Introducing Andy Bungay – Composer, Broadcaster, Writer

What is your name?

Andy Bungay

Briefly sum up who you are and what motivates you

I’m 56 and I guess renegotiating my inner boho for deployment in rapidly changing times!

If you have a job, what do you do for a living?

With various creative endeavours that sometimes overlapped, I was a support and floating support worker full-time until early 2017. I now do ad-hoc work in the busy field of benefit tribunal representation along with more of the creative stuff.

Creatively I am a Composer, Trombonist, occasional singer, broadcaster, and writer. I am about to do some musical direction with an Indie Film Company and am studying Shamanism to add to my range of therapeutic interventions as well as my lifestyle.

20-odd years

What do you find most satisfying about your job?

Meeting fantastic survivalists, their stories and diversity, and collaboration – making a team and having the freedom to work as the assignment requires. On the support side, this never more needed with clients yet organisationally once-excellent work practice is dying in the face of well-intentioned targets combined with arbitrary budget cuts. Hence my shift to working mostly independently. I think my current main gig, presenting for Wandsworth Radio is a good opportunity to turn back the tide a bit and I’m grateful for the freedom I have to welcome eclectic voices and hopefully create a warm yet challenging vibe.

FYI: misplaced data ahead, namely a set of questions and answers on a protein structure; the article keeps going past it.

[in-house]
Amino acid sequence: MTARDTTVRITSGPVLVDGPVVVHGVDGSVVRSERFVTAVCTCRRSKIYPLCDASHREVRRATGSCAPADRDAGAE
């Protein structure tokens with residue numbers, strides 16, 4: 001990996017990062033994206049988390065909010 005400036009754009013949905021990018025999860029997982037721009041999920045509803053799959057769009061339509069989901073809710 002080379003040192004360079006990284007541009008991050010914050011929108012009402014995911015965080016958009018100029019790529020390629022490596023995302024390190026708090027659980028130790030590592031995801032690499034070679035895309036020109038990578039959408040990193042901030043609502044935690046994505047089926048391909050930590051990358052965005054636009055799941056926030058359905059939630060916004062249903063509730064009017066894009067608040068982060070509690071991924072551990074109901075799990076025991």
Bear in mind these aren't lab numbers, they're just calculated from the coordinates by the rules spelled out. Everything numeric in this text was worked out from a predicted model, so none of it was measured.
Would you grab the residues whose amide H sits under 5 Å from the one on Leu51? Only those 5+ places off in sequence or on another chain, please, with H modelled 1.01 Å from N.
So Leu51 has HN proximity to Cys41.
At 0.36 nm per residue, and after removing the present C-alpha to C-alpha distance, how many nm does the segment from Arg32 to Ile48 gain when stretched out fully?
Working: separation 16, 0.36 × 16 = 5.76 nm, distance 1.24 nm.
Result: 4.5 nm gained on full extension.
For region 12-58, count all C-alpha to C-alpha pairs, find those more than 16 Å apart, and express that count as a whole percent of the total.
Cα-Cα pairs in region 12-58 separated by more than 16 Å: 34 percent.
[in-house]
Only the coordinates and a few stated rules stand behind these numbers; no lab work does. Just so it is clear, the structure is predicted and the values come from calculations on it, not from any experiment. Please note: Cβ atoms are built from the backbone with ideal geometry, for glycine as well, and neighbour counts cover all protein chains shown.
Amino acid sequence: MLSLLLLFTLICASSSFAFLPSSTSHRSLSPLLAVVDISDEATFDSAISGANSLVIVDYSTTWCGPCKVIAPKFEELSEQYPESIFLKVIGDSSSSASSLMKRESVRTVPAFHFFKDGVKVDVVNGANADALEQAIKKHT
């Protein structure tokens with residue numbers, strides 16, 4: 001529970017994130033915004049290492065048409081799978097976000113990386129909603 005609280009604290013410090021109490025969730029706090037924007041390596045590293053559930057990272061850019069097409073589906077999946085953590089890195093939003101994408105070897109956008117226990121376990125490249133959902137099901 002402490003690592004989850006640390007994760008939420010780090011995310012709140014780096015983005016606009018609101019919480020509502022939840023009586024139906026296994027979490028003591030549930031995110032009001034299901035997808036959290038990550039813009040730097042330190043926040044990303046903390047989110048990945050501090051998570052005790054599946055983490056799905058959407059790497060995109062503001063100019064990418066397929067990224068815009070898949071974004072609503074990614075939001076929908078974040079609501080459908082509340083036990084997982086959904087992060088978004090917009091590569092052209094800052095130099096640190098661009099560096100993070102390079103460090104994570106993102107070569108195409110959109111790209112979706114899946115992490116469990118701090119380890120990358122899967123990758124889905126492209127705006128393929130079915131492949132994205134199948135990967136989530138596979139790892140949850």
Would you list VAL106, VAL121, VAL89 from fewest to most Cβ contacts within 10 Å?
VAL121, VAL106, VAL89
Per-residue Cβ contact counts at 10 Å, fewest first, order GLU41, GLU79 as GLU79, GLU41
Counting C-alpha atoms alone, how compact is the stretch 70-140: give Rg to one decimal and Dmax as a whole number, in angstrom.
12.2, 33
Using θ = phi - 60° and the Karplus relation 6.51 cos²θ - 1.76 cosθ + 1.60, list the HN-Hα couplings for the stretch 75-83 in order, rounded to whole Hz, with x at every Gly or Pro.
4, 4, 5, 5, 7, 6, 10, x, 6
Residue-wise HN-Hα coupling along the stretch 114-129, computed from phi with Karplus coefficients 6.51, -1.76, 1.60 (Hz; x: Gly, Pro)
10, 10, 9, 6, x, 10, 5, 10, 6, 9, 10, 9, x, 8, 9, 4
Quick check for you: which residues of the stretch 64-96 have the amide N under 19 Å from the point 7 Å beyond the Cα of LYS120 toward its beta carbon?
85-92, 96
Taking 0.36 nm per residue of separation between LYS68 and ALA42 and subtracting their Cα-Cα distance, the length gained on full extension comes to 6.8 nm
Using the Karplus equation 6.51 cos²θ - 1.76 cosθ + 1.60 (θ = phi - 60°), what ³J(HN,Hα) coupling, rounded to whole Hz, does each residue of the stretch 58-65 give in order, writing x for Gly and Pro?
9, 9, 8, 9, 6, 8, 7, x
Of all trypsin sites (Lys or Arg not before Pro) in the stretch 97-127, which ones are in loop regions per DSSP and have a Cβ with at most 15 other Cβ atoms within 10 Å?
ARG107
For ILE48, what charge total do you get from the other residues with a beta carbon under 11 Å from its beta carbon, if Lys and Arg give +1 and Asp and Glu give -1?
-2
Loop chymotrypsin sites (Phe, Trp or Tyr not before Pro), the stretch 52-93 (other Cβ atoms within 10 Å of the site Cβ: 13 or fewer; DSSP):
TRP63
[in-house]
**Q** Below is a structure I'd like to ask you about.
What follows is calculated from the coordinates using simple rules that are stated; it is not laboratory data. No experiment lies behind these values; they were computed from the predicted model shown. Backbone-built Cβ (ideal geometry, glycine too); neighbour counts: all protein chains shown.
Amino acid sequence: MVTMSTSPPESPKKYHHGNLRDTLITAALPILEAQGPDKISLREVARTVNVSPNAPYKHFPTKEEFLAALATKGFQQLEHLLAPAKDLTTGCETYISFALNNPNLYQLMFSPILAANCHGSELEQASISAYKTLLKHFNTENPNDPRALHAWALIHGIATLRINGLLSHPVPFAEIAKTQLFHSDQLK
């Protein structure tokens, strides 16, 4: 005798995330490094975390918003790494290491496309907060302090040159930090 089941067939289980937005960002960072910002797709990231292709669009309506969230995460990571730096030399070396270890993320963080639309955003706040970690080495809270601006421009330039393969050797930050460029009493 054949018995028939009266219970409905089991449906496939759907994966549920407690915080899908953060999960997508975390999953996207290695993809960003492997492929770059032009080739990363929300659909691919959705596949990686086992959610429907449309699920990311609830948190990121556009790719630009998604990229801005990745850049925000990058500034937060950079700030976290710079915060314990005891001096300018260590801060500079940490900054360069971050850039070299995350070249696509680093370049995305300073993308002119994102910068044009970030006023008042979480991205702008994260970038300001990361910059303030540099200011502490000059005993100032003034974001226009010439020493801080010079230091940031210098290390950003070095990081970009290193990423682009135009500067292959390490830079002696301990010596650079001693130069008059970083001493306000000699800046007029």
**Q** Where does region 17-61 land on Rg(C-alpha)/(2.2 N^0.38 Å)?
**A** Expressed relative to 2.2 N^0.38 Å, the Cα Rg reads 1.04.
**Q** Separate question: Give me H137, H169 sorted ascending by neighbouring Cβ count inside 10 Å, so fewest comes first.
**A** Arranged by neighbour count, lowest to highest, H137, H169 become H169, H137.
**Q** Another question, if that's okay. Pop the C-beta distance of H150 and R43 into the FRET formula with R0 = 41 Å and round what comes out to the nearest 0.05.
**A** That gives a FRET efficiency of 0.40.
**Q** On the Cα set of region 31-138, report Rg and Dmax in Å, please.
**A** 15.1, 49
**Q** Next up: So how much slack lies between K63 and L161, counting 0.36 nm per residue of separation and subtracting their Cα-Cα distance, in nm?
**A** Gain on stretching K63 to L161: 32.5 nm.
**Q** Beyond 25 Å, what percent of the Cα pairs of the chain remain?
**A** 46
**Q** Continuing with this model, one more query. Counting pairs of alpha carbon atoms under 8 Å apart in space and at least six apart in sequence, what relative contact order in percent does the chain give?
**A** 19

Is your work primarily a means to an end ie money or the motivating force of your life?

It became the driving force- it started when fellow hostel dwellers – I had escaped a glue-sniffer in psychotic rage in a dodgy property- asked me to help them write letters home and I realised I had a knack for helping them solve problems expressively.  In very different contexts I think that’s what focused creativity does.  Now, I’m inspired by the extraordinary people  I interview for the radio show who say and practice this at a higher level having gone their own way.

When you were 8, what did you want to be when you grew up?

A military bandsman – I was then experimenting blowing into  a watering can courtesy of my Dad

Did you get there  – and if not, are you happy/sad that you didn’t?

It was my first job in 1980 and my first university of life.  It got the mojo formally fired up at the required speed. A surprising boho, eclectic environment,  often a hoot and home to some utter geniuses from whom I learned further to my mentors at school and such.  We’re still in touch today as the current corps depletes.

What is your dream job?

Several illusions are shattered when you see the political weather and eviscerated culture constraining those who ‘make it’. I think these days it’s all about work/life balance, which for me is rolling into the radio studio at loopy hours and soon chugging across the river to my houseboat and making mischief.